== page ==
Label: Nuclear Blast
Release Date: 30/03/2018
Following his departure from Killswitch Engage in 2012, it’s been a triumph of sorts to see vocalist Howard Jones on such a solid wave of momentum with new(ish) band Devil You Know. In July 2017 however, legal complications forced the band into changing their name. And with that, Light The Torch was born.
First and foremost, it’s worth noting what an outstanding team Light The Torch have assembled for new record Revival. Joined by founding guitarist Francesco Artusato (formerly of All Shall Perish) and Ryan Wombacher (Bleeding Through) on bass, they’ve also recruited Extinction A.D’s Mike Sciulara for drumming duties.
If you thought the name change would stunt their growth, opening track ‘Die Alone’ is an absolute monster of a statement to prove you wrong. With a booming chorus that’ll snag you from first listen, it’s been perfectly crafted to cement itself on rock radio playlists for years to come. ‘The God I Deserve’ follows, lead by down-tuned Djent riffs, it’s much heavier in comparison to how the record opens. Early variation is a huge positive, and the first four songs on Revival are absolute anthems.
As the record rolls on, it’s wonderfully obvious that Light The Torch are finally establishing their own identify as an outfit detached from their former/other bands. The quality and craftsmanship oozes on Revival, as you’d expect from four musicians so experienced. Admittedly though, I did begin to lose my footing in places. It becomes noticeable how some formulas feel duplicated, resulting in songs failing to stick as well as they should.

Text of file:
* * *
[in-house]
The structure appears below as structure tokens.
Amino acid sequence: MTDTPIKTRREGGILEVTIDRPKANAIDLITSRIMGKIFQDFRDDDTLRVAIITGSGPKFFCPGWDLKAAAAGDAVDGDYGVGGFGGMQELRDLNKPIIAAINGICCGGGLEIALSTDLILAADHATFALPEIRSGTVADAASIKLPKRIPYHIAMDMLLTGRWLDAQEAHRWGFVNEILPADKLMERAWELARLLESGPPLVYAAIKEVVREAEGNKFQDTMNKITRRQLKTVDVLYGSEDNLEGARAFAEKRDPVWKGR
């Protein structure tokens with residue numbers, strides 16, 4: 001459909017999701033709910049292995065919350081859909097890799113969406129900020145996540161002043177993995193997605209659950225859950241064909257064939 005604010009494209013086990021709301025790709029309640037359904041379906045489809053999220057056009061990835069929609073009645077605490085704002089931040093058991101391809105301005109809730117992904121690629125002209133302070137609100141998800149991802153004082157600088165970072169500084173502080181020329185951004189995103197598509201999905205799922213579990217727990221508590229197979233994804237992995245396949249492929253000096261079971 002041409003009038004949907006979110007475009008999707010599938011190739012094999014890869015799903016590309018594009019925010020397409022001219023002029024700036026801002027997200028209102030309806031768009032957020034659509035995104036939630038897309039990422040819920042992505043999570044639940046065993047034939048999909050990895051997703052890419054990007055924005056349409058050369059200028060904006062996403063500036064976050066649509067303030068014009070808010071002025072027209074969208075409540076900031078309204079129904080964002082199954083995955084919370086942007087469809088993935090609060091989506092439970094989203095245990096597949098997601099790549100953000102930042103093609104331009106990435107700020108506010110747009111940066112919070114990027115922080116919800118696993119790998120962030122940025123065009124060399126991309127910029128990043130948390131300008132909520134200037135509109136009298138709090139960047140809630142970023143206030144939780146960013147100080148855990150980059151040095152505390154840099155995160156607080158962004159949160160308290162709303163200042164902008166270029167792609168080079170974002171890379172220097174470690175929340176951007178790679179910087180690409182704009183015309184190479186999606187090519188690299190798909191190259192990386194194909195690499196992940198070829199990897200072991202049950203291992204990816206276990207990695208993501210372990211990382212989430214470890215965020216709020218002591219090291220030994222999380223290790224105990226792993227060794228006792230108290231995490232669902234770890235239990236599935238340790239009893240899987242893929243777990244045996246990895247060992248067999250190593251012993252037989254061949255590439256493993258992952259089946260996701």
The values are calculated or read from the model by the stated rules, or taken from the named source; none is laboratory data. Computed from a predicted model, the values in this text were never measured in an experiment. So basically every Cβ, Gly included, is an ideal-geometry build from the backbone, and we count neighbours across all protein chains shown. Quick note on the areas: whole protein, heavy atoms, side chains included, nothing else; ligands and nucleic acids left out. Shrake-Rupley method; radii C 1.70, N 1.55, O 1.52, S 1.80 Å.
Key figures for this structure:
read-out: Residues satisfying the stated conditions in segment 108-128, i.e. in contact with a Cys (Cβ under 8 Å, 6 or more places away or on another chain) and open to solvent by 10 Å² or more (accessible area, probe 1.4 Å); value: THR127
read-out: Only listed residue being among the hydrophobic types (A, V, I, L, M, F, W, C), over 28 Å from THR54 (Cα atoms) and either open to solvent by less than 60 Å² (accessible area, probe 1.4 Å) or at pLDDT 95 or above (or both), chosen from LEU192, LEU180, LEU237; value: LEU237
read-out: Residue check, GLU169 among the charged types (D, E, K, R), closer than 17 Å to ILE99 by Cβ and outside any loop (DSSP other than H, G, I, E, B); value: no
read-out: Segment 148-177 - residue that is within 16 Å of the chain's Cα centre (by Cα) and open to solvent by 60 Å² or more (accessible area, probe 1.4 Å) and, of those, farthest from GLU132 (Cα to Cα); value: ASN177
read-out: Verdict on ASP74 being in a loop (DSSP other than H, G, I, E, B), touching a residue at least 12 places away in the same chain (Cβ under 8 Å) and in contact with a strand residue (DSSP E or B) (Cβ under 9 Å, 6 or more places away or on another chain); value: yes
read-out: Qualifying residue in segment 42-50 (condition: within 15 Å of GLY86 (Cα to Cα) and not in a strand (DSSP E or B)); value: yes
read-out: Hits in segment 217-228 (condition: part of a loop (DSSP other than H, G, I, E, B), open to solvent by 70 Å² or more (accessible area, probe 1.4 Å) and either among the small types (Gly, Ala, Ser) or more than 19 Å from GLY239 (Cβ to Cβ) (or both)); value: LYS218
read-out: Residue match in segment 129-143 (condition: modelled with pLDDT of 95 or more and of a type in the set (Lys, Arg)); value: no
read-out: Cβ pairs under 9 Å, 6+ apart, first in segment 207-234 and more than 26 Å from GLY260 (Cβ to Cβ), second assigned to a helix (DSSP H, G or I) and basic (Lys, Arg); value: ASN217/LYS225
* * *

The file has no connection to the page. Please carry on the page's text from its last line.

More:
Furthermore, the key identifier with Jones is that back and forth between his lung bursting screams and lullaby cleans. There’s a slight imbalance here, choosing to sing more to a commercial effect then shout, as you’ll hear on ‘The Bitter End’. ‘Lost In The Fire’ is a telling sign that Jones still has this in his locker, but I’d love a bit more aggression in parts.
What props up the lighter vocal delivery is Artusato’s guitar work. While his flashy solos and intricacy feels surprisingly absent on Revival, he instead holds the reins much tighter in the riff department to compensate. The sudden drops in ‘Virus’ and ‘The Sound Of Violence’ really rattle your head with the volume turned to max.
Special mention to bassist Ryan Wombacher too. While his bass work is prominent but never overbearing, it’s those additional vocals that blow me away. How many backing vocalists within the genre can go toe to toe with Howard Jones and pull it off so well?
To conclude, Revival assembles its foundations on razor-sharp metalcore and anthemic rock, and while those commercial rock moments do sporadically feel off-putting, it could well be a risk that pays off for them going forward. What prevents me from being completely won over is the repetition of ideas in parts, but they’ve still managed to formulate a sound made for much bigger audiences. Revival opens like a fucking airstrike, and for that, it’s well worth your time.
Revival is out now and available to order via Nuclear Blast
Recommended Tracks: Die Alone, Calm Before The Storm, The Great Divide